A cyber guru who happens to be just 11-years-old has shocked an audience of experts by hacking into their Bluetooth devices to control a robotic teddy bear which demonstrated how it’s possible to “weaponize” toys and other smart devices.
Reuben Paul, who is in the sixth grade at a school in Texas and his teddy bear named Bob, stunned hundreds of people at a conference in the Netherlands.
The little boy said “airplanes, automobiles, smartphones, and smart homes” can be a part of the “internet of things.”
He went on to say anything with smart technology can be manipulated by hackers.
To demonstrate his theory, he used his cuddly bear, which connects to the internet by wifi and Bluetooth send or receive data.
Reuben plugged into his laptop an item known as a “Raspberry Pi” which is a small credit-card size computer that can scan nearby Bluetooth devices and he downloaded many numbers, including some of the top-ranking officials present at the event.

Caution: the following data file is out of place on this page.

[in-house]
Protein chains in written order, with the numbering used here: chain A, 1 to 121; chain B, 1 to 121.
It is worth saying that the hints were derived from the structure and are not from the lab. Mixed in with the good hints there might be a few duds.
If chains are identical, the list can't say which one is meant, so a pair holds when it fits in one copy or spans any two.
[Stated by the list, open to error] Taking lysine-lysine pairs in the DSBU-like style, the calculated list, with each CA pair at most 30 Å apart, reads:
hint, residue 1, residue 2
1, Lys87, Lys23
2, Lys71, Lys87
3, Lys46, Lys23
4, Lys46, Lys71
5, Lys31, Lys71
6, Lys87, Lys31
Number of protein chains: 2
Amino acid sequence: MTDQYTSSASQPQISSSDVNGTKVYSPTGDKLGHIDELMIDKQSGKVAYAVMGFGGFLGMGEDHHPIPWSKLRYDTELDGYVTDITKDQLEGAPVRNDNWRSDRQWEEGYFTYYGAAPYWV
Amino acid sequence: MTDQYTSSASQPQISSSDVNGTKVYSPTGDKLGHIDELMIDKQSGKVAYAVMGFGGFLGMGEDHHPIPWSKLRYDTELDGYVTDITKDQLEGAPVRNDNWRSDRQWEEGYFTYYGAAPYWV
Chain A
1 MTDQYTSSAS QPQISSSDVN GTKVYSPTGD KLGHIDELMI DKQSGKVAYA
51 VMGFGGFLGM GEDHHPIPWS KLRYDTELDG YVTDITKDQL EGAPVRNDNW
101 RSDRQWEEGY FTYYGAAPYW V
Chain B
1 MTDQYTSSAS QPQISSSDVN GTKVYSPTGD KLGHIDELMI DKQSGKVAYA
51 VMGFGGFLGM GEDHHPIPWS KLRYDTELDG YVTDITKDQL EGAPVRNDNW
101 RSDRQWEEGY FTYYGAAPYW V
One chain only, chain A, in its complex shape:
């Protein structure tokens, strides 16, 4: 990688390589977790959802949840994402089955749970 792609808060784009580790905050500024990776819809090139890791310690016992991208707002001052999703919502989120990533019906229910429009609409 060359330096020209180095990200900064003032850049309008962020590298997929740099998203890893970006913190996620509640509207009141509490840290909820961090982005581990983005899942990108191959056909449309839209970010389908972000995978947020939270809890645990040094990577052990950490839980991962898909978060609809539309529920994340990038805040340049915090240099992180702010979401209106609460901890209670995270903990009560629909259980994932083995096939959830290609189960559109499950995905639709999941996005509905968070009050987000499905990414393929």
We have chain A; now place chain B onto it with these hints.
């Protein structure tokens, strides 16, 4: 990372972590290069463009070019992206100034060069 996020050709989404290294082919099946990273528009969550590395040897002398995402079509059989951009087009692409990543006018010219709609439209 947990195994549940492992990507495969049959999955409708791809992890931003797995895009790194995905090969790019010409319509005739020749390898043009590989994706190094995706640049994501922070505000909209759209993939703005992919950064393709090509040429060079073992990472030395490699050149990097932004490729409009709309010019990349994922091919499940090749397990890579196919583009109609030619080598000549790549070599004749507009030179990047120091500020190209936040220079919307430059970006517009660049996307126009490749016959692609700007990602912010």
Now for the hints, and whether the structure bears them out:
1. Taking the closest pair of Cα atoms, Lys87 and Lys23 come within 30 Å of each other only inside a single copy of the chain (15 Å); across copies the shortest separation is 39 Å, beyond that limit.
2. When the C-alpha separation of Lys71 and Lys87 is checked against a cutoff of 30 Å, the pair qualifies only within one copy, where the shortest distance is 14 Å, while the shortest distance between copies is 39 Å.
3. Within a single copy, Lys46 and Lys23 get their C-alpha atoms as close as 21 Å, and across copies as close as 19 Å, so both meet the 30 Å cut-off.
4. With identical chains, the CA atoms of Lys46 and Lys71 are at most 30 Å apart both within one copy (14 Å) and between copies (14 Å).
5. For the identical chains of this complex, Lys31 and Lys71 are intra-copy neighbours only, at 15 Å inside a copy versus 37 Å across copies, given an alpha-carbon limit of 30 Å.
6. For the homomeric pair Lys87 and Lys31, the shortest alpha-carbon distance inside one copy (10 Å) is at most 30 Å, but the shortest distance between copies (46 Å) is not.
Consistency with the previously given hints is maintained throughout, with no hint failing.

Using Python, a form of computer code, he was able to use the bear to turn on lights and record members of the audience secretly.
— Joost vander Vleuten (@BruJoost) May 16, 2017
He claimed that most things connected to the internet could have a Bluetooth functionality and he demonstrated it was possible to connect to it and send commands to it.
He said IOT appliances and other items that are used in our everyday lives can be used to spy on or harm people
According to Reuben, they can be used to steal private information like passwords, remote surveillance to spy on people, or as a global positioning system to figure out where someone is.
Information technology expert Mano Paul played a role in educating his son with IT skills.
Mano Paul said, “he always surprised us.”
Paul said he was shocked at the discoveries made by his son, especially the fact that toys could be used to spy on people.
Mano said kids are playing with potential “time bombs” that over time can be manipulated by malevolent people
The family has supported Reuben, who is also the youngest person to have a Shaolin Kung Fu black belt, to set up his non-profit organization called CyberShaolin.
The non-profit organization is designed to inform children and adults about the danger of cyber-insecurity, adding he also wants to encourage the government and companies to work together to ensure the safety of people who use products like these.
Reuben has plans to study cyber-security at either CalTech or MIT universities to use his expertise for benevolence.